TOLEDO, Spain – Law enforcement officials from countries worldwide have called for enhanced information sharing to better prevent, investigate, disrupt and ultimately prosecute those responsible for drug trafficking.
Underlining the global impact posed by drug trafficking, the representatives of over 100 countries from specialized anti-narcotics agencies as well as from international cooperation divisions and INTERPOL National Central Bureaus gathered at the first INTERPOL Global Conference on Illicit Drugs to more efficiently tackle the trafficking of drugs.
In this respect, with the recent seizure by Spanish authorities of nearly nine tonnes of cocaine, the largest ever cache of drugs seized in a single container in Europe, highlighting the scale of the drugs problem, Germán Lopez Iglesias, Director General of the Spanish National Police said:
“The production, trafficking and use of drugs point to a worldwide expansion of this illegal market and the objective of the conference has been to intensify collaboration between countries against one of the great evils of the 21st century”.
The meeting also provided an opportunity to review recent developments, ramifications and convergences of drug trafficking with other criminal activities such as money laundering, cybercrime and weapons trafficking.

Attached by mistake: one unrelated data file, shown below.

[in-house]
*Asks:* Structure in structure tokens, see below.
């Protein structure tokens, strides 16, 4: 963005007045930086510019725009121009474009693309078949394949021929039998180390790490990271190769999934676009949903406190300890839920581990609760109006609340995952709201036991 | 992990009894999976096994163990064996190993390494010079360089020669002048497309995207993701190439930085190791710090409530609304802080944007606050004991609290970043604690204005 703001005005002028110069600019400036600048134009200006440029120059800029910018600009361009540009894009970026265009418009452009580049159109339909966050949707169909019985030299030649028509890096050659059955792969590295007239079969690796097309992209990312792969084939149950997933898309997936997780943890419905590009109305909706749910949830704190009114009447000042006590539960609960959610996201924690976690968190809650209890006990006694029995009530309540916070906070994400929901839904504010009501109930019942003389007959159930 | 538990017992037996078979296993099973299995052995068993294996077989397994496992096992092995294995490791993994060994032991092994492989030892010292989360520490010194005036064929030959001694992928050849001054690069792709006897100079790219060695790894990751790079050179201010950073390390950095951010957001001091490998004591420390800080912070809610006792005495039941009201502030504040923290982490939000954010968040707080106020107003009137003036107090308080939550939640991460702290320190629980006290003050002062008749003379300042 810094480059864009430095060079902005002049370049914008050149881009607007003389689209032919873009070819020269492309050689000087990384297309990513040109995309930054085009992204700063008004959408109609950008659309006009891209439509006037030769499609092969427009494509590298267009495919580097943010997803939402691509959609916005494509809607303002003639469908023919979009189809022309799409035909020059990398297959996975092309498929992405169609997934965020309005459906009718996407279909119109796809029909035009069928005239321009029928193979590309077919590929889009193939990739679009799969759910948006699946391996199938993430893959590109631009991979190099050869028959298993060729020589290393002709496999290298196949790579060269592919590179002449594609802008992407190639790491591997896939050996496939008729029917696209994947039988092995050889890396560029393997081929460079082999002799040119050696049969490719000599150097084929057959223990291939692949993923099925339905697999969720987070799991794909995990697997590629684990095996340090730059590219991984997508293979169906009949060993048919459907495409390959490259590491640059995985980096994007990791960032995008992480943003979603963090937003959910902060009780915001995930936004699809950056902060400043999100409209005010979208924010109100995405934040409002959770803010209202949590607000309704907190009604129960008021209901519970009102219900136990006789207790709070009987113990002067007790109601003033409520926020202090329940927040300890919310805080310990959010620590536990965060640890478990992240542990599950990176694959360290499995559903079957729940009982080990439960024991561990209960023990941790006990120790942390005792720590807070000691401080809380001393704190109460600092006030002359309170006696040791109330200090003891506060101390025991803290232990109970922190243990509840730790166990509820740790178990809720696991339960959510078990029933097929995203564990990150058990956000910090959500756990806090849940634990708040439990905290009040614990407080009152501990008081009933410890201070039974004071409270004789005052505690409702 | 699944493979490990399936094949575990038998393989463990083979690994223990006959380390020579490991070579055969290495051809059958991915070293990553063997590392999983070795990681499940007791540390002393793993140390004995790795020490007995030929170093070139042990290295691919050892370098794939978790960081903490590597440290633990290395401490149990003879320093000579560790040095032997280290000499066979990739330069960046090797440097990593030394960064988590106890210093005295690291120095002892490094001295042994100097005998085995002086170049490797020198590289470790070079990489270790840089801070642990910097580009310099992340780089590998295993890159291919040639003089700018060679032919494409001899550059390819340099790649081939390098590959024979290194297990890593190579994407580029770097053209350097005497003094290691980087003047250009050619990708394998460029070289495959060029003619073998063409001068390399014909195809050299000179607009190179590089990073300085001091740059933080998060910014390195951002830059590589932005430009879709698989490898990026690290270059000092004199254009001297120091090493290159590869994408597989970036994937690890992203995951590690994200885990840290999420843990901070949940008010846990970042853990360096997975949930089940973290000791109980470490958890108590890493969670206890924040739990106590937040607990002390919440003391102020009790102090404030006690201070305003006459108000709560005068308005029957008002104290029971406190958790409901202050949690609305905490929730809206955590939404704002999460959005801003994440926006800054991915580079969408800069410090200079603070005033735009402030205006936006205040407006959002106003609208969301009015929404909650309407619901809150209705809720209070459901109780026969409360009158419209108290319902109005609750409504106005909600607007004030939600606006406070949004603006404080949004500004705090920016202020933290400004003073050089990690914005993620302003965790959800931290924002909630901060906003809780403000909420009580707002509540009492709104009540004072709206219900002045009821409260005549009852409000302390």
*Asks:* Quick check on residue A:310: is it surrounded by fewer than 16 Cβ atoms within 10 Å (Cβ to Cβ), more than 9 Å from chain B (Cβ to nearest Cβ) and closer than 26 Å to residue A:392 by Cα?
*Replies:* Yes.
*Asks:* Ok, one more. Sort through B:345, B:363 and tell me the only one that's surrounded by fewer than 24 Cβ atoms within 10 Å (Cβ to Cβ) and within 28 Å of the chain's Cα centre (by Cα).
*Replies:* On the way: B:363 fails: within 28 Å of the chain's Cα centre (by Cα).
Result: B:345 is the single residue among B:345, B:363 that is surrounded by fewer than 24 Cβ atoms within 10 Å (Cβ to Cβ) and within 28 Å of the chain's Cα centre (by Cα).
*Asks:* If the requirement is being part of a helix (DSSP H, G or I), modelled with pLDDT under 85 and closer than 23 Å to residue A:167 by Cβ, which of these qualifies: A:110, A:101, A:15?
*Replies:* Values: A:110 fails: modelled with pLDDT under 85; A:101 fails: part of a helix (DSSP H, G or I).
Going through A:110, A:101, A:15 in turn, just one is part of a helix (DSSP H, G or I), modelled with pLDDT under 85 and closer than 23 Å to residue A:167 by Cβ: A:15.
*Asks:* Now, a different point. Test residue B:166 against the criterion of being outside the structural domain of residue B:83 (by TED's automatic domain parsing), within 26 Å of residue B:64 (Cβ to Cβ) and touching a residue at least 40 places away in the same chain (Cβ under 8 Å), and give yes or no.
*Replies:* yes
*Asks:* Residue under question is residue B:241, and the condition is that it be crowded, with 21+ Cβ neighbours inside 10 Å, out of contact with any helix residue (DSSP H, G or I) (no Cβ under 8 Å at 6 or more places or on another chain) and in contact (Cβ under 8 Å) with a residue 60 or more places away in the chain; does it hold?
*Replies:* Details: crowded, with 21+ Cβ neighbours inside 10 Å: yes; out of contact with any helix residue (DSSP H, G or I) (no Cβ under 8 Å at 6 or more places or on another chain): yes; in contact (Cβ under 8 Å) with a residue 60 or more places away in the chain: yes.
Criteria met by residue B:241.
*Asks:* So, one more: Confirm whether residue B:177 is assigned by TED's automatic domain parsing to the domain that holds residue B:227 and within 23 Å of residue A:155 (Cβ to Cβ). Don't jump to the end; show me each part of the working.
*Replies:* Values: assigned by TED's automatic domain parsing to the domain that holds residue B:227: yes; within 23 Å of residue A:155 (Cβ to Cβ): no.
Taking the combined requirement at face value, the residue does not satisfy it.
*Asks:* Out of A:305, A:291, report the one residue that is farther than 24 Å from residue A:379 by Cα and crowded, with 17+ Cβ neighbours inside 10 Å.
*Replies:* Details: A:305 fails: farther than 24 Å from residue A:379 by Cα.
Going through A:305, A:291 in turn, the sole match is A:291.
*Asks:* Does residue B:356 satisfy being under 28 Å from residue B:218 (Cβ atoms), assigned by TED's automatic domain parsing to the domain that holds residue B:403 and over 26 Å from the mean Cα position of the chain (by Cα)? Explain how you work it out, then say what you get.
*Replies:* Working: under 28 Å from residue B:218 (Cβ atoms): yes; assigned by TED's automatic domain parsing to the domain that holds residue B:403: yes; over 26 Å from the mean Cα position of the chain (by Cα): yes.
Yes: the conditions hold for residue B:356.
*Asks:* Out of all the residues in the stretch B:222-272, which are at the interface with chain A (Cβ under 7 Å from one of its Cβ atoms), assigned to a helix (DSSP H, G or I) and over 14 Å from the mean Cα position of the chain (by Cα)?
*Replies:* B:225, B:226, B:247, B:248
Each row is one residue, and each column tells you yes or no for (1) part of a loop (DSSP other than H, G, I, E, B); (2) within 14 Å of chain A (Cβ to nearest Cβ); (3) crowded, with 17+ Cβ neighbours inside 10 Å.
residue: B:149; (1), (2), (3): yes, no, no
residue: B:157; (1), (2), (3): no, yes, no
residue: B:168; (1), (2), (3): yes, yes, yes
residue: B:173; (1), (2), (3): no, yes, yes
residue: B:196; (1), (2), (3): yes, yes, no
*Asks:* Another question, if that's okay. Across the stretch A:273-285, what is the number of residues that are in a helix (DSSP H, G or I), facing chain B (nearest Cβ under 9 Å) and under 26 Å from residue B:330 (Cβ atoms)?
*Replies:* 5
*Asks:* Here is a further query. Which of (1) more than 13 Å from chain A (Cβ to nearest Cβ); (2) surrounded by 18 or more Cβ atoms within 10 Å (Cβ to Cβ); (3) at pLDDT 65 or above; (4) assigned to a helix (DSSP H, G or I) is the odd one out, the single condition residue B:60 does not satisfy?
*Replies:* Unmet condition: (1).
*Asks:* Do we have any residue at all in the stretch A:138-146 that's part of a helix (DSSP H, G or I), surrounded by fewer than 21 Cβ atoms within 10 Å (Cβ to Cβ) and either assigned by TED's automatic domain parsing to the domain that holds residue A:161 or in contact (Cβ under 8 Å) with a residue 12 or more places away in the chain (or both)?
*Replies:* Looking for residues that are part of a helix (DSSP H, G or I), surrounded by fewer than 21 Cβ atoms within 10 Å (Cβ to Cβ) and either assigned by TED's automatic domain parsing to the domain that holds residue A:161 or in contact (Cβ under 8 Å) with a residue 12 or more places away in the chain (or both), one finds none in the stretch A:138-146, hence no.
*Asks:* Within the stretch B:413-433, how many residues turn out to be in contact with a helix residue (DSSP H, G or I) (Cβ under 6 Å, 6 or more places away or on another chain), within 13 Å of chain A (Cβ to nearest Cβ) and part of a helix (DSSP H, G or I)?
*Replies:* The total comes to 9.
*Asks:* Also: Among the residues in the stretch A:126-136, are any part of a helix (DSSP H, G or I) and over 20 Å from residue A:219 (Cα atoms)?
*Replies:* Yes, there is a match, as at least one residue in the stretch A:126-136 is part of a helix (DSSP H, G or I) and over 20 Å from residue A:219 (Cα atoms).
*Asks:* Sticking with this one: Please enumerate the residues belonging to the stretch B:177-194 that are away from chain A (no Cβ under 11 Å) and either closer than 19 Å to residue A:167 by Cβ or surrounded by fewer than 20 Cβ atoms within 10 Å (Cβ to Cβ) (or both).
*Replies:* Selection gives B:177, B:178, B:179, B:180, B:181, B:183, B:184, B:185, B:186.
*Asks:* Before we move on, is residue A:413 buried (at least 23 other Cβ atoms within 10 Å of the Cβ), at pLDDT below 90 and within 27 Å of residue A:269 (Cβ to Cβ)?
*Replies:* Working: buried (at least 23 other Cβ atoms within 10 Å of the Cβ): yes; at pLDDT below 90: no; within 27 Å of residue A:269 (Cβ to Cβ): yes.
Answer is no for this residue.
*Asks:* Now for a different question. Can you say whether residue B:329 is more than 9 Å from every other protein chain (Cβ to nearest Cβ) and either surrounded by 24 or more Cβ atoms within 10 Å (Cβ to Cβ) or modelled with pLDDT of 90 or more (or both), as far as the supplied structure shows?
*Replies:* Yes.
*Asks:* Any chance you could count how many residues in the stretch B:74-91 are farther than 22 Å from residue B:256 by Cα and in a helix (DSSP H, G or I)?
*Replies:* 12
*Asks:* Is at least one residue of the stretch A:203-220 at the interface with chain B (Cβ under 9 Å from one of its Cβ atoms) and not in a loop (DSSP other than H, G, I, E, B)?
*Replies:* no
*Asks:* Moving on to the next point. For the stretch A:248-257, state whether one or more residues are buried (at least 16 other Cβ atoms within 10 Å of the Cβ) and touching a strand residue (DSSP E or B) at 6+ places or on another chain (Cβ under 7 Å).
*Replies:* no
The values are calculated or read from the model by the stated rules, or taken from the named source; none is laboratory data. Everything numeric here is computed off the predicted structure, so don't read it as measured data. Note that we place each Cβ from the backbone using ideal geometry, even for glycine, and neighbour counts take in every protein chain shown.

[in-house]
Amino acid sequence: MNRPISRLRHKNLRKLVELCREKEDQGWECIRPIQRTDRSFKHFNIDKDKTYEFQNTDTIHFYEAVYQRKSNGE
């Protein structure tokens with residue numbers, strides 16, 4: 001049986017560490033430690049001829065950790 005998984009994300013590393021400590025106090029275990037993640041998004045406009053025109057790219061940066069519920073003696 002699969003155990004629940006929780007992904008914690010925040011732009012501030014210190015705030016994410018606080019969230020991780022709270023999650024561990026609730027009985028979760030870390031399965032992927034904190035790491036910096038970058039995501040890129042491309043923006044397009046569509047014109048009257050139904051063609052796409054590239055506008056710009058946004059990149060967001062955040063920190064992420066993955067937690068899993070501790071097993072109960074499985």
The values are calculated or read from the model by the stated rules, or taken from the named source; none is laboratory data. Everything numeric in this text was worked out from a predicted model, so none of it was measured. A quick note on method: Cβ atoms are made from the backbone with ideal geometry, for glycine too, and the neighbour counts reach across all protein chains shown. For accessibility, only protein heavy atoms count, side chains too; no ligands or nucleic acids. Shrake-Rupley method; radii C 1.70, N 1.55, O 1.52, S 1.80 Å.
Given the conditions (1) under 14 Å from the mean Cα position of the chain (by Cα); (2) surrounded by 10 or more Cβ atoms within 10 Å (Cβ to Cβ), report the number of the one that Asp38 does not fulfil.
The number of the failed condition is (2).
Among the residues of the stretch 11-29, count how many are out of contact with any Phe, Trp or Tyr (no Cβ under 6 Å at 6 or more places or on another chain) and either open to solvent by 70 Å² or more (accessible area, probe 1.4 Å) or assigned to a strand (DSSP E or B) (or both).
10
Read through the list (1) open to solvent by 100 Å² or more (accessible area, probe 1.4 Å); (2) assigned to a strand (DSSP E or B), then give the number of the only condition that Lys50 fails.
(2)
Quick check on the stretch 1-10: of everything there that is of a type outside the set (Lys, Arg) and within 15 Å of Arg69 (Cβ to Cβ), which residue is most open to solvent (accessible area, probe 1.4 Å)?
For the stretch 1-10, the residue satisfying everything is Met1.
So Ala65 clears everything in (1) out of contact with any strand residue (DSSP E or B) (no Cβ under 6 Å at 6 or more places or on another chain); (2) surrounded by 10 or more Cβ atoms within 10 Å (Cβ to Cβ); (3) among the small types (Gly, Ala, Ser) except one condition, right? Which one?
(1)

With over 250 million drug consumers worldwide, INTERPOL’s Executive Director for Police Services, Tim Morris, said: “The supply of illicit drugs everywhere around the globe is more abundant, more sophisticated and more diverse than it has ever been before.”
“The criminal structures operating the current drug scene are as well organized and managed as legitimate multinational companies. The economic benefits of their activities have been put at over USD 300 billion per year. This is where the focus needs to be. Once you trace the assets, you can identify and disrupt the network.”
“With support and cooperation of financial institutions, such as banks, we need to combine our efforts and resources to build synergies to efficiently trace the criminal assets generated,” added Mr Morris.
Through its global anti-corruption initiatives INTERPOL is an active partner in the Stolen Asset Recovery Initiative (StAR) jointly ran by the United Nations Office for Drugs and Crime and the World Bank.
The meeting also provided an opportunity for representatives to be presented with new technologies, such as the RELIEF database, a tool developed and provided by the Czech Republic to INTERPOL. It aims to better identify the origin and routes of compressed drug deliveries and shipments, through an automated comparative analysis of the tool-marks, logos and chemical compositions of drug packages.
Efficient cross-sector collaboration is also underpinned by operations, and in this respect INTERPOL’s Lionfish Operations have been held in every region of the world.
This INTERPOL-led series of operations has served as an important initiative for strengthening multilateral cross-border drug enforcement cooperation, providing effective channels of communications via INTERPOL’s secure police channel, I-24/7.